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Building a Foundation as a Freelancer with Diana Schneidman

24. February 2016 07:12

Diana Schneidman logo

Diana Schneidman (@DianaSchneidman) is a freelance writer, researcher, consultant, and author of Real Skills, Real Income: A Proven Marketing System to Land Well-Paid Freelance and Consulting Work in 30 Days or Less. She offers marketing services and advice for freelancers at Stand Up 8 Times and runs Diana Writes to showcase her diverse experience in freelance writing.

Diana Schneidman graduated from The Ohio State University with a degree in English and French education, and then attended Kent State University to earn a Master's of Library Science. After working two full-time jobs after college, Schneidman freelanced off and on through the ’90s, jumping between periods of full-time employment and freelancing.

Schneidman shares how she made herself a niche in freelance writing and offers tips for tackling common freelancer problems. [The interview has been edited lightly for length and clarity.]

Why did you ultimately stick with freelancing over full-time employment?

I decided to freelance because it made life easier. If someone was sick, I could cover it instead of having to explain it to my boss.

I have the unusual distinction of knowing how to start getting business quickly when you don’t have anything. Underemployed or unemployed, you really have to start making money quickly. That’s my area of expertise.

How do you tackle these common freelancer problems…

Client miscommunication?

It’s important to get a quick start on projects. There’s a temptation to save things for the last minute, telling yourself that you work better under pressure. But if you start early, you can better plan how you’re going to approach and research a project. You can see information gaps and areas you don’t understand, which means you can clarify any issues with the client early.

There’s nothing more embarrassing than calling up a client the night before a project is due with questions because you were procrastinating.

Attracting clients with minimal experience?

It’s easiest to go after work where you have experience in a specific skill or industry. Sometimes it’s also helpful to go into a new field. You can offer a lower rate, so you basically get paid to learn instead of paying to take classes to learn it.

It’s easy to overwhelm yourself with marketing efforts. You may have 101 ideas and you can’t do all of them. Keep your efforts focused. Social media and networking are powerful tools.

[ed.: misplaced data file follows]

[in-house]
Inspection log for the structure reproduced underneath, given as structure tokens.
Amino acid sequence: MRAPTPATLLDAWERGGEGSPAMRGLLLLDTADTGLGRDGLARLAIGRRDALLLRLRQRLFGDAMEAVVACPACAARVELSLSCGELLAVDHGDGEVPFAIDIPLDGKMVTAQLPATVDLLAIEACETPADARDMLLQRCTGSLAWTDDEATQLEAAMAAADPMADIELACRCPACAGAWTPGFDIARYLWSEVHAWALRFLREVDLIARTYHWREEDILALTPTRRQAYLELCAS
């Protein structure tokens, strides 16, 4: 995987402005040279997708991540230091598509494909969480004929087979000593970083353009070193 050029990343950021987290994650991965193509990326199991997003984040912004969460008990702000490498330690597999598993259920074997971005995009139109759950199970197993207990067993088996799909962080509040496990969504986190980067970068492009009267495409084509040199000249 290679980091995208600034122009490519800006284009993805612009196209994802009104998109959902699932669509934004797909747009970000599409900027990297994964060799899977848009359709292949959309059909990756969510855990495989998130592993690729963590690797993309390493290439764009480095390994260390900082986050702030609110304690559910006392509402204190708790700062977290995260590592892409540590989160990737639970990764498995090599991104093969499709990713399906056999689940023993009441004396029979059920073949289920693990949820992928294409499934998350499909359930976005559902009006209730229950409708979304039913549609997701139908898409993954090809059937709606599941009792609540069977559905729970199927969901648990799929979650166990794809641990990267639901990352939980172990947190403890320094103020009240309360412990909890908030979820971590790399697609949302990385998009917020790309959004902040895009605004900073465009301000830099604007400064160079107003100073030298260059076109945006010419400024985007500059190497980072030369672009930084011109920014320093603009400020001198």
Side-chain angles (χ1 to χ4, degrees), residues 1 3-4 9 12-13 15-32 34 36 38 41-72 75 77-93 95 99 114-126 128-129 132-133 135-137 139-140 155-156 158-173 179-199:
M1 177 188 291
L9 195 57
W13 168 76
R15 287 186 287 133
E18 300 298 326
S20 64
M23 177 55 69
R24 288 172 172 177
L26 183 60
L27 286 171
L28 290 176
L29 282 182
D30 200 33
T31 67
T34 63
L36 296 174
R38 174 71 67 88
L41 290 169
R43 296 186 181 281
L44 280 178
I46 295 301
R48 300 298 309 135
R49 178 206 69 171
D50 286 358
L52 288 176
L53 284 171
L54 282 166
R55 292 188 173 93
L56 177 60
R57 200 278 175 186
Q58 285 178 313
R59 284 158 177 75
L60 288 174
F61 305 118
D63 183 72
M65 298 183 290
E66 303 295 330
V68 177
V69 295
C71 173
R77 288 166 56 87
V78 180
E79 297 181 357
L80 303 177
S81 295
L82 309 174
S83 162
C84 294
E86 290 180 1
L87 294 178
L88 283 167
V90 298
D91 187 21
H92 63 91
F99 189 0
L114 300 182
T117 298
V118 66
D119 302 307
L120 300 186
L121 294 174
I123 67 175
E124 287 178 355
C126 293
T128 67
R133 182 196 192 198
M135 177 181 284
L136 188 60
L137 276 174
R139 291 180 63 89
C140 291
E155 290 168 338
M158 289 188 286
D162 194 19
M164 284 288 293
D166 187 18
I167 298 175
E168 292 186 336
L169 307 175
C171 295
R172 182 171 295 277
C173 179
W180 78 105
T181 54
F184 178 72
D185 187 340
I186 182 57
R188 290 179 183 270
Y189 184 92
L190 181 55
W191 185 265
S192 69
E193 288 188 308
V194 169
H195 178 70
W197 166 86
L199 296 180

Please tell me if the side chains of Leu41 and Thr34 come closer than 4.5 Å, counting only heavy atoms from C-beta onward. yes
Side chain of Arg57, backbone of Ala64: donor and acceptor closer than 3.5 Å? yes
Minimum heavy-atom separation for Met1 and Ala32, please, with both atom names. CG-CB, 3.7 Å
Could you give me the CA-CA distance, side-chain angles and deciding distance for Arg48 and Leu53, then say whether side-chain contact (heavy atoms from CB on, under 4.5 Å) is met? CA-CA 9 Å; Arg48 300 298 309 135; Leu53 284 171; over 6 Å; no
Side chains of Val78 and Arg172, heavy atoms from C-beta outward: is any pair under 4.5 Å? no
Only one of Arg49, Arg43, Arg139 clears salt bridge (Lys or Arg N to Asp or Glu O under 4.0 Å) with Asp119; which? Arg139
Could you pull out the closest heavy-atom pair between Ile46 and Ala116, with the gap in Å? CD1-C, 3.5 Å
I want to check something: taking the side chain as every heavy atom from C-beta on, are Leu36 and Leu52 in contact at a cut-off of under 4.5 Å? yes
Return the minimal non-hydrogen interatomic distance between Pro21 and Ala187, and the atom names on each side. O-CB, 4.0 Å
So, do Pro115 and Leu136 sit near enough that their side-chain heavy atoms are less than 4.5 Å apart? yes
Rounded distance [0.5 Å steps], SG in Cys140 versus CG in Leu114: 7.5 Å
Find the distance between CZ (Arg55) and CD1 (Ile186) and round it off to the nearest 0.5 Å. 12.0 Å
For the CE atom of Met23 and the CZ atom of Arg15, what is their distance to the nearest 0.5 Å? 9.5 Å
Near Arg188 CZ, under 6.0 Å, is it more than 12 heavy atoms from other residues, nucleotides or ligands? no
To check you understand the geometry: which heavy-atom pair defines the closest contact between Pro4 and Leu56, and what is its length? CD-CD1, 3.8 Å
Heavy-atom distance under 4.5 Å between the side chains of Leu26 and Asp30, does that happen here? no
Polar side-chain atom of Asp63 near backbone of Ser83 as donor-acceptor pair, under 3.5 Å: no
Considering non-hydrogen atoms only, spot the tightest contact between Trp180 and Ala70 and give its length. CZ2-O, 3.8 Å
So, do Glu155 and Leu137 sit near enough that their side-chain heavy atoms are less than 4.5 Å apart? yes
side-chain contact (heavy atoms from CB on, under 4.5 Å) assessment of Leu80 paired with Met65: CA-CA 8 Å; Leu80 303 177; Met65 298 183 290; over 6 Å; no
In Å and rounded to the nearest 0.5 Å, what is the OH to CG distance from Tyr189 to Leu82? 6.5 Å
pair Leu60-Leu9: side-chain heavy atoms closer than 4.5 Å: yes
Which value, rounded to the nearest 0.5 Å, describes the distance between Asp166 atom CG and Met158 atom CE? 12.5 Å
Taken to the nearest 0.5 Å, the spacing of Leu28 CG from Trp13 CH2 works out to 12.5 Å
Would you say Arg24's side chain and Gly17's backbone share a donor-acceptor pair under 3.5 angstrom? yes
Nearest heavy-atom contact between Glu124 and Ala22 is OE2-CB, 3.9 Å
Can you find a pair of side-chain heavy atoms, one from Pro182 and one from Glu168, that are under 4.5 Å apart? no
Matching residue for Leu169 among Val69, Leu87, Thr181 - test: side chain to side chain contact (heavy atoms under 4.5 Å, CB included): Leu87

When you talk to someone who's not interested now, check in later. Schedule something on your calendar to give them another call.

Competition for services?

You can’t know all your competition, so it’s best not to think about it. Just put forth the best marketing and work that you can do.

I started freelancing more than 20 years ago. You would think it was easier freelancing then, but back in those days, people had never heard of it. If you asked businesses if they used a freelancer, they would ask, “What’s that?” I would explain and it would turn out they had staff to do that work. Times have changed.

Time management?

It’s about starting early. Think about work and your tasks while doing household chores, errands, driving, etc. Put suggestions into your brain before sleep and wake up with answers. Give yourself more time to think about it and companies you would like to talk to.

Budgeting and finances?

It’s important to structure payments to make sure you get paid earlier rather than later. There are challenges now because payment within 30 days is somewhat common, but there are larger companies waiting 60 or 90 days, too. Avoid those situations. Get paid ahead of the work, at least a down payment, instead of getting paid after.

What are the advantages of strong marketing?

When you’re freelancing, marketing is part of the work and it always will be. It’s not enough to just get some work. Ideally, you market so intensely that you receive more work than you can do. With greater confidence, you can price your work higher and select assignments you enjoy the most.

What are your freelancing plans for the future?

I’m interested in eLearning. I believe it’s a growing field, and I have some background that relates to that. I like looking for areas of growth. It’s an interesting thing to add to the mix.

3 Tips for Freelancing Success

Whether you’re an aspiring freelancer or a struggling one, Schneidman offers these three tips for getting ahead:

For more freelancer business tips, check out our freelancer blog series!

Tags:

Contractors | Freelancers | How to Grow Your Business | Tips for All Small Businesses

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